At some point, he exclaimed, the federal government "needs to say enough is enough and put some real teeth into regulating its drug programs."
Deja vu. Grassley reminded Thompson that "this is not the first time the OIG found that drug companies overcharged 340B entities."
OIG reported in March 2003 that five manufacturers of 11 prescription drugs had overcharged 340B-program participants $6.1 million for sales occurring from October 1998 through September 1999.
The government kept secret the identities of the drug companies investigated for that report.
Grassley told Thompson that the Senate Finance Committee is "taking a close look at the drug pricing practices of many drug companies participating in federal health care programs."
He asked the HHS secretary to explain in detail what steps, if any, the agency has taken to recoup the $6.1 million, and he demanded to know the names of the pharmaceutical firms and the 11 medications that OIG examined for its 2003 report.
Show me the money. An HRSA spokesperson declined to confirm or deny whether the agency has sought to recover the overcharged amounts, and directed all inquiries about the case to the Department of Justice (DOJ)—which is the same response the agency gave seven months ago.
A DOJ spokesperson responded that his agency had no comment as to whether the government—HRSA, DOJ, or HHS—is seeking recovery of the $6.1 million for 340B-covered entities.
Bayer Corporation and GlaxoSmithKline (GSK) agreed in April 2003 to pay a combined amount of more than $344 million to settle Medicaid fraud charges. 340B-covered entities were also included in the settlements and received payments from the two drug companies for overcharges.
However, because the safety-net providers do not have access to drug company pricing data, it is unclear if the entities were reimbursed the full amounts for which they were overcharged.
The U.S. Attorney's Office for the Eastern District of Pennsylvania announced on July 30 that Schering-Plough Corporation agreed to plead guilty to violating federal antikickback laws and pay $52.5 million in criminal fines and $290 million to resolve its civil liabilities in connection with its illegal and fraudulent pricing of its allergy medication Claritin, which at the time of the infractions, was available only by prescription.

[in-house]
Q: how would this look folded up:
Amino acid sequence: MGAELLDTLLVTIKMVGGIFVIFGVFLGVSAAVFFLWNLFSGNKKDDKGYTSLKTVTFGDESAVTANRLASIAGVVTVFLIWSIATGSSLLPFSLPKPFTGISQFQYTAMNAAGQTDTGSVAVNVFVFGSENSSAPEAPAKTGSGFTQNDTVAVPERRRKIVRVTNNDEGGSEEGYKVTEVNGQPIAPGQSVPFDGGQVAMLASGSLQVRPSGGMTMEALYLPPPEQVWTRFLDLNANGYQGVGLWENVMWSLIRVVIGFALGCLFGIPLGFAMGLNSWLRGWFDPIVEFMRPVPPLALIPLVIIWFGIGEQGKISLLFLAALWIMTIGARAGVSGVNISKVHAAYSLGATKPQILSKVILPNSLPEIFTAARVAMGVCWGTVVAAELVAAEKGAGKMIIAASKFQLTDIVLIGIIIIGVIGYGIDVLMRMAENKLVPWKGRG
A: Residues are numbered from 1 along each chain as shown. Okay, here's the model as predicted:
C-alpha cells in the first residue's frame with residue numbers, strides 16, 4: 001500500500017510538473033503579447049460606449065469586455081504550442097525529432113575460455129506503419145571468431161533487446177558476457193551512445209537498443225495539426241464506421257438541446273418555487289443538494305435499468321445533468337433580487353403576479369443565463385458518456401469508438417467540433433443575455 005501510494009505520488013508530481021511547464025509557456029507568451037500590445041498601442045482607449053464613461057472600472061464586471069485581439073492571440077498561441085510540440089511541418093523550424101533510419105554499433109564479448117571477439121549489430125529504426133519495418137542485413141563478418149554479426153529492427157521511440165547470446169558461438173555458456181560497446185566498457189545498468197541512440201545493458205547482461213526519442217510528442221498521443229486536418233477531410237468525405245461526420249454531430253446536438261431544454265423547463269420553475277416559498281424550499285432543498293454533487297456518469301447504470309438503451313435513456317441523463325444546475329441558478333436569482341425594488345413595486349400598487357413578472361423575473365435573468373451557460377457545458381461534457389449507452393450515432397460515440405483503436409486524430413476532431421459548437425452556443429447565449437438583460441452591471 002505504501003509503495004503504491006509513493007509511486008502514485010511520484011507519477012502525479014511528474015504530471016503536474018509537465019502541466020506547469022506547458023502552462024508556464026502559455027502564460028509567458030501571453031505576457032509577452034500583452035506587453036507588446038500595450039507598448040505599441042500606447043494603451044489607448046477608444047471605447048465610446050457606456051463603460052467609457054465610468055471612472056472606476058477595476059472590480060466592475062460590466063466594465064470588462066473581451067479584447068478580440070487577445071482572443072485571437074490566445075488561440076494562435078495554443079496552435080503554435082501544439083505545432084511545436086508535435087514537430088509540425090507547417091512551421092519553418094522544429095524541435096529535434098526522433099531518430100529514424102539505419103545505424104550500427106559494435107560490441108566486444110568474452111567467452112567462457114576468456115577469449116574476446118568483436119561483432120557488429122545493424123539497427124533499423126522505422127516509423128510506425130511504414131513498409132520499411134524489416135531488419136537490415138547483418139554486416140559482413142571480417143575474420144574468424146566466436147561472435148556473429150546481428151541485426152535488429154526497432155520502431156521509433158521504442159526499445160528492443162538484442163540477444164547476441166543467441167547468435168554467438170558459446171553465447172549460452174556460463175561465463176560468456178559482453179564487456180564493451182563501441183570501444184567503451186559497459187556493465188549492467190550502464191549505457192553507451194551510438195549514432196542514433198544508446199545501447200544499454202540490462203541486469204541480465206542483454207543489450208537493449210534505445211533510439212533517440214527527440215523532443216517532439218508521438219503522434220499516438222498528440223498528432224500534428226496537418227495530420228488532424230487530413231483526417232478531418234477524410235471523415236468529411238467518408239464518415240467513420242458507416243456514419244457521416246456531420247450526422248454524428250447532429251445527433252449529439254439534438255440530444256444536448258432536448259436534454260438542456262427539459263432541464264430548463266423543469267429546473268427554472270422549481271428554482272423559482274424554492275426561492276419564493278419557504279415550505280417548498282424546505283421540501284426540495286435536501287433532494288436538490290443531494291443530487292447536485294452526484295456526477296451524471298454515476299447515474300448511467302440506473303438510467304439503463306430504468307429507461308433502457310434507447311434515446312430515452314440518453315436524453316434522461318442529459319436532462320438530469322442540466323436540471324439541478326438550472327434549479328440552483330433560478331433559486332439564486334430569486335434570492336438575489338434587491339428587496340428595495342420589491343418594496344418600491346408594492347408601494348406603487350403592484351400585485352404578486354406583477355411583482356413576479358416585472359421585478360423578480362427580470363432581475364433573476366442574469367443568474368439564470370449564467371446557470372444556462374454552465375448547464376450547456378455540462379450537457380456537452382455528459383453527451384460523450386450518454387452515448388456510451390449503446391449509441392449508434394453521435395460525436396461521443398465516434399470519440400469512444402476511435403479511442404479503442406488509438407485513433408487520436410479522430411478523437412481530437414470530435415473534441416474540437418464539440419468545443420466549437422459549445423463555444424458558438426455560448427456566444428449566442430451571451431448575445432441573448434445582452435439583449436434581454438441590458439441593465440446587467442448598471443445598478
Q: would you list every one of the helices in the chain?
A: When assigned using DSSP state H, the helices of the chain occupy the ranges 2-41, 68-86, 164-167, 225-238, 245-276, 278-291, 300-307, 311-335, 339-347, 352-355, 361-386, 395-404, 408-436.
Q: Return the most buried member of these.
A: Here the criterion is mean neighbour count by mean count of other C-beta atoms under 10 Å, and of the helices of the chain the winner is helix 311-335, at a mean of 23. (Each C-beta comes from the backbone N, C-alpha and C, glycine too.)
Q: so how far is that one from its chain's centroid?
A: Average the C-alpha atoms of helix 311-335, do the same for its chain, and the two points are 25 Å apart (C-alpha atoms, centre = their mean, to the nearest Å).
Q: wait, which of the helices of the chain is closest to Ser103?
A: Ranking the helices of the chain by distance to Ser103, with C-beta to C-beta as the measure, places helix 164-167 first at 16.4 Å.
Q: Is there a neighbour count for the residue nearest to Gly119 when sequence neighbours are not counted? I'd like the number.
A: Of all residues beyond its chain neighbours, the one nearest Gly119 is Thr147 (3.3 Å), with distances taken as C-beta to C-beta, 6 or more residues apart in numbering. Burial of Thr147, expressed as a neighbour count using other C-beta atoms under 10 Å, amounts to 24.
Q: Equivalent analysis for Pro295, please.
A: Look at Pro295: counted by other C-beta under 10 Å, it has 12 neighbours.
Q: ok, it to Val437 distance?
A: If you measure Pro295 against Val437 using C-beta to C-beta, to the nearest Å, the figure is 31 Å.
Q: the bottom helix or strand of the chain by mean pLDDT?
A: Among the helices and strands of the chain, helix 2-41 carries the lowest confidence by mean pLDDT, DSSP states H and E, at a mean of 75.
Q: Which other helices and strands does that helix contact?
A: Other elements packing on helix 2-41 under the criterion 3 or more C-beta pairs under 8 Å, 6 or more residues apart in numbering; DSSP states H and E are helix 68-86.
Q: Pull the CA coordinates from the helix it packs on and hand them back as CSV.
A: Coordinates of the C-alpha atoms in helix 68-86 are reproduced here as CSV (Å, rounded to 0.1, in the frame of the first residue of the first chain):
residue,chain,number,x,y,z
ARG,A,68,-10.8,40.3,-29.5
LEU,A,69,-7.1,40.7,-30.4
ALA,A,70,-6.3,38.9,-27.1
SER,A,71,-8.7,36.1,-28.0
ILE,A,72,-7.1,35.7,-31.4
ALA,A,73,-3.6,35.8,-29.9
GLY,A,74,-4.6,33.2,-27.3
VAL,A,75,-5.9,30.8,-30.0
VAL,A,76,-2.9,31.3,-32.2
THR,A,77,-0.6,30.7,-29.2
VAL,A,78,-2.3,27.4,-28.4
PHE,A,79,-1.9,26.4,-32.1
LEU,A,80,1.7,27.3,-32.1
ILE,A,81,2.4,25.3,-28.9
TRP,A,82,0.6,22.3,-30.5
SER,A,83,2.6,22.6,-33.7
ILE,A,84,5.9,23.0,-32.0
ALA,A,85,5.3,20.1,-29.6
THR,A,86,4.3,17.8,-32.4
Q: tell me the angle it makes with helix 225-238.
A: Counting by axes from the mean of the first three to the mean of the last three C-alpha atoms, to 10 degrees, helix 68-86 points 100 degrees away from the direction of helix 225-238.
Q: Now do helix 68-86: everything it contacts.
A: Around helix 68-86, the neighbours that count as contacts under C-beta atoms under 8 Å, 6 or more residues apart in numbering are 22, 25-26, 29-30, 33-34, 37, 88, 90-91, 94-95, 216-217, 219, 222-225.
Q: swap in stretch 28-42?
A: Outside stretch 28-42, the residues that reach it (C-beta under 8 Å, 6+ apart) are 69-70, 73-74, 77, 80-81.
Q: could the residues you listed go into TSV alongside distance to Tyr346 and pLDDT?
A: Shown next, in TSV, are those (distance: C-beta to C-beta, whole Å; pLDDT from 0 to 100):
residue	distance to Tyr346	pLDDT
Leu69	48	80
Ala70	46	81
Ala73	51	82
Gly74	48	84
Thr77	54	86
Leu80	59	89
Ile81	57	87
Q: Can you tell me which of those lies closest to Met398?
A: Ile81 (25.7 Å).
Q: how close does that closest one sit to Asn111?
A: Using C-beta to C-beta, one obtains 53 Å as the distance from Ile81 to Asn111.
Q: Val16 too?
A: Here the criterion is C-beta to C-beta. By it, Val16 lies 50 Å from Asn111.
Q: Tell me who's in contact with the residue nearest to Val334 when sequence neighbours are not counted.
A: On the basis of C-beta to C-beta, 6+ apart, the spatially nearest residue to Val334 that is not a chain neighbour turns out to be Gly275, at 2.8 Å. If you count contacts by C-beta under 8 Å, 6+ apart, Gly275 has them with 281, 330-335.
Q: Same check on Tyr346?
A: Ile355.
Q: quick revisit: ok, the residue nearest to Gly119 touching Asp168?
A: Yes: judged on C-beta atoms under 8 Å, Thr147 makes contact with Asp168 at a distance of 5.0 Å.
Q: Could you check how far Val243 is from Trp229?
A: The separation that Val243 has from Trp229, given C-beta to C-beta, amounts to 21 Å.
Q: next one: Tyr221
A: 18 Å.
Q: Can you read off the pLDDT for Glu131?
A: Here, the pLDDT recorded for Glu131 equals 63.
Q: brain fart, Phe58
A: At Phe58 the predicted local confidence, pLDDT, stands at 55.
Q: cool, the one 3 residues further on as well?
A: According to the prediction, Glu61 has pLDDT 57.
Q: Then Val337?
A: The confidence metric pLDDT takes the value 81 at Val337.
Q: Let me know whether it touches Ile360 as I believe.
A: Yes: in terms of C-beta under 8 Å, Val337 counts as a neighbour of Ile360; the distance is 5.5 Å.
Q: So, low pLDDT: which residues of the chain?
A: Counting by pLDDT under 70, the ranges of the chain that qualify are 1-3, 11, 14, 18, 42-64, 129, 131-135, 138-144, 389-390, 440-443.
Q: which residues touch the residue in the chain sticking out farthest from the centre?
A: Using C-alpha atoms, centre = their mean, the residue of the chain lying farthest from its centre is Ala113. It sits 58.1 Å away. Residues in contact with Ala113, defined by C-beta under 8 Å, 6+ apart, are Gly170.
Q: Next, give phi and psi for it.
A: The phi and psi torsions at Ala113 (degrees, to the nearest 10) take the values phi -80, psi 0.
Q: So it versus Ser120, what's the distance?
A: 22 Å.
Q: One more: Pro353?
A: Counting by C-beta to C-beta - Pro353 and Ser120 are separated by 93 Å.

340B-covered entities will get $10.6 million under the settlement, according to an HRSA spokesperson.
However, it is unclear whether the settlements made by GSK, Bayer, and Schering-Plough will reconcile the overcharges found by OIG in its March 2003 report.
Class action. In the meantime, one safety-net provider in Alabama is not waiting for the government to act.
Central Alabama Comprehensive Healthcare Inc. filed a class-action lawsuit in the U.S. District Court in Alabama against several large pharmaceutical makers, claiming that the firms charged prices above what is allowed by the law.
"The suit seeks to represent all public hospitals and community health centers nationwide that were allegedly overcharged by the drug companies," according to a press release from Hagens Berman, the Seattle, Washington, law firm that is representing the Alabama health care provider.
The suit cites OIG's June report and asks the court for a "full accounting to determine the extent of the overcharging by drug companies, injunctive relief to prevent further overcharging, and relief from past overcharges," according to the law firm's statement.
But the Public Hospital Pharmacy Coalition (PHPC) is advising its members not to join the suit "at this time," said Edith S. Marshall, a partner with Powers Pyles Sutter & Verville, the firm representing PHPC.
"We think it is better to watch the situation for at least the time being," she said. "We are not saying that, 'no, you should never litigate.' Just not at this time."
Marshall said that there "are other avenues that may be a better prospect of getting swift action," meaning the ongoing investigations of some drug companies by DOJ and state attorneys general and cases filed under the Federal Civil False Claims Act.
If 340B-covered entities settle with drug companies under a class-action lawsuit, she contended, there may be no chance of entities recouping overcharges discovered by government investigations.